Story: Yaw Takyi
The Economic and Organised Crime Office (EOCO) says it is working to make Ghana an unattractive destination for economic criminals.
Abdulai Bashiru Dapilah, Deputy Executive Director of Operations at EOCO, said the Office was repositioning itself and collaborating with its development partners and other law enforcement agencies to deal with economic and organised crime activities.
“We want to stay ahead of crime and make Ghana a hell for economic criminals. Ghana will not be an attractive destination for economic criminals,” Dapilah told the Ghana News Agency.
He added: “Those who see their colleagues in crime and think it is an easy way of making money, they better don’t go into it, because we are coming after them and whatever they would have acquired when we get them, we will deprive them of it and still send them to jail.”
Dapilah said the Office is collaborating with the Federal Bureau of Investigation (FBI), National Crime Agency, Serious Fraud Office (SFO), Economic and Financial Crimes Commission (EFCC) – Nigeria, and GIZ, among others to achieve its targets.
“The Economic and Financial Crimes Commission (EFCC) – Nigeria has done it. We have learnt from their experiences, we have exchanged ideas, shared intelligence and strategies, and we are collaborating to confront economic criminals wherever they may be in the two countries,” he said.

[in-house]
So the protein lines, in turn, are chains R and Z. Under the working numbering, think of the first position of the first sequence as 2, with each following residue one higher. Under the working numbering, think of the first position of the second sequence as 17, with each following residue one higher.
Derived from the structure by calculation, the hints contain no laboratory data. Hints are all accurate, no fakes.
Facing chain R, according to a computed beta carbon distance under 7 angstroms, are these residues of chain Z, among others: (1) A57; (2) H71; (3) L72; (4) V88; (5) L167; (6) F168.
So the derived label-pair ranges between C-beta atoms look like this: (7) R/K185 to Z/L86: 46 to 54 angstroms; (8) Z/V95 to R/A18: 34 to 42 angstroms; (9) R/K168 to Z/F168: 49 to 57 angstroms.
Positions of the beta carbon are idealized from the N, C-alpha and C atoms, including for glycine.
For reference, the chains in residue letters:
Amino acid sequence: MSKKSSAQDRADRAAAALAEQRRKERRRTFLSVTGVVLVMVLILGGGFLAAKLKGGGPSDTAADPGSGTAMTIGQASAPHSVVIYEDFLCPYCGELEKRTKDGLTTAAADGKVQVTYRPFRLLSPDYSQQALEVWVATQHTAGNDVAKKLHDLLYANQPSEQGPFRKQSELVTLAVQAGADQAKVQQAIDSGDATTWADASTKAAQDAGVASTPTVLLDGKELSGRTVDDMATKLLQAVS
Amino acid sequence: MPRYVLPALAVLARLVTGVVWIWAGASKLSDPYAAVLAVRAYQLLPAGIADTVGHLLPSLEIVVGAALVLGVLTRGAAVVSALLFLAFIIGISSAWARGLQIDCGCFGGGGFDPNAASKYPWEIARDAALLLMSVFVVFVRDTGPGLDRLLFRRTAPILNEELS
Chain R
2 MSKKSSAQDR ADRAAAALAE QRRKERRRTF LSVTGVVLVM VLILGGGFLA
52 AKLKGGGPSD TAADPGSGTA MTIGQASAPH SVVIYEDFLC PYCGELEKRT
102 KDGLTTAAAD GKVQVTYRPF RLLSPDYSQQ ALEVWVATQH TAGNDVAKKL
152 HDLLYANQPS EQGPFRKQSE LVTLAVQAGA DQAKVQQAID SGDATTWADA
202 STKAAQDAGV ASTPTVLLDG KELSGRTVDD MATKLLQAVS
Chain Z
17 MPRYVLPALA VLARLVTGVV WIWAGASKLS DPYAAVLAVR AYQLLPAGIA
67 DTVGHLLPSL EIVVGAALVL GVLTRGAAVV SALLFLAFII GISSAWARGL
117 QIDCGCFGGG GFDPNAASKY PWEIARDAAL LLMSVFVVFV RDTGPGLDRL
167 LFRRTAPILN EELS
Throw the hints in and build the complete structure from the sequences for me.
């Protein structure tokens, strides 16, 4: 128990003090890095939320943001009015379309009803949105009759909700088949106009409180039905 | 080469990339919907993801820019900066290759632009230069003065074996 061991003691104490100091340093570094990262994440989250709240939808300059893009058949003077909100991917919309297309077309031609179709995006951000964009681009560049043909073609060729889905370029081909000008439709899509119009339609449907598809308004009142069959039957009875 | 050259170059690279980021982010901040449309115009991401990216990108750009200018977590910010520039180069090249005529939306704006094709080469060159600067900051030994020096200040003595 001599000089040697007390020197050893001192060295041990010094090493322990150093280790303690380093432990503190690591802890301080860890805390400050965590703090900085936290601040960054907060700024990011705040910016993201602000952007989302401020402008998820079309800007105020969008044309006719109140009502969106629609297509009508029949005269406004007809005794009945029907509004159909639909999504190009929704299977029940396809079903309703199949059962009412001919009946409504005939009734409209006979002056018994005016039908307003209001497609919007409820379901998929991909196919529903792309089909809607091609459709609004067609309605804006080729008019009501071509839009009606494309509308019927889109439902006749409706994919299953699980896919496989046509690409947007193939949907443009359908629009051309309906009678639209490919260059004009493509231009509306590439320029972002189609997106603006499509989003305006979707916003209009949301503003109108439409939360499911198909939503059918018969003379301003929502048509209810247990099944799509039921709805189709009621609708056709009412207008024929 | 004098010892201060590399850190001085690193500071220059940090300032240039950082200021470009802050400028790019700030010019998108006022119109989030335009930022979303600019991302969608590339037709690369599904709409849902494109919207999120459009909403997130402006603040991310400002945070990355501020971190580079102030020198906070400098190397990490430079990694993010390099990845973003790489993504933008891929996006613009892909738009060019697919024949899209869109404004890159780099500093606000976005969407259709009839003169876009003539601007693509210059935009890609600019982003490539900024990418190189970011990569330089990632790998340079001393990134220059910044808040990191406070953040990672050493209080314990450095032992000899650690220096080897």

He said EOCO had also signed a Memorandum of Understanding (MoU) with the Ghana Revenue Authority (GRA), Bank of Ghana, Association of Ghana Industries (AGI), BOST Company and others towards that aim.
Dapilah said the Office was amending the EOCO Act to enable it to raise funds through recoveries of proceeds of crime, adding that it would allow the Office to finance its activities and to be financially independent.
He cautioned the public against the purchase of stolen cars, saying EOCO is collaborating with the FBI and the Royal Canadian Mounted Police on that.
“We have sent the Vehicle Identification Numbers of those vehicles to the Driver and Vehicle Licensing Authority (DVLA) that anybody who brings any of such cars to register, the person should be arrested and the car detained so that they inform us to come for them,” Dapilah said.
He said EOCO had also frozen those vehicles and issued freezing orders, adding, “For the period of investigation, anybody who does not verify from us or do due diligence and buys any of such vehicles, does so at his or her own risk.”
On Tuesday, April 18, EOCO issued a statement ordering persons possessing some 95 vehicles believed to have been stolen from the USA and Canada to hand them over immediately.
The statement further provided details of the vehicles, including identification numbers, car models, and addresses of some individuals suspected of having the luxury vehicles smuggled into Ghana.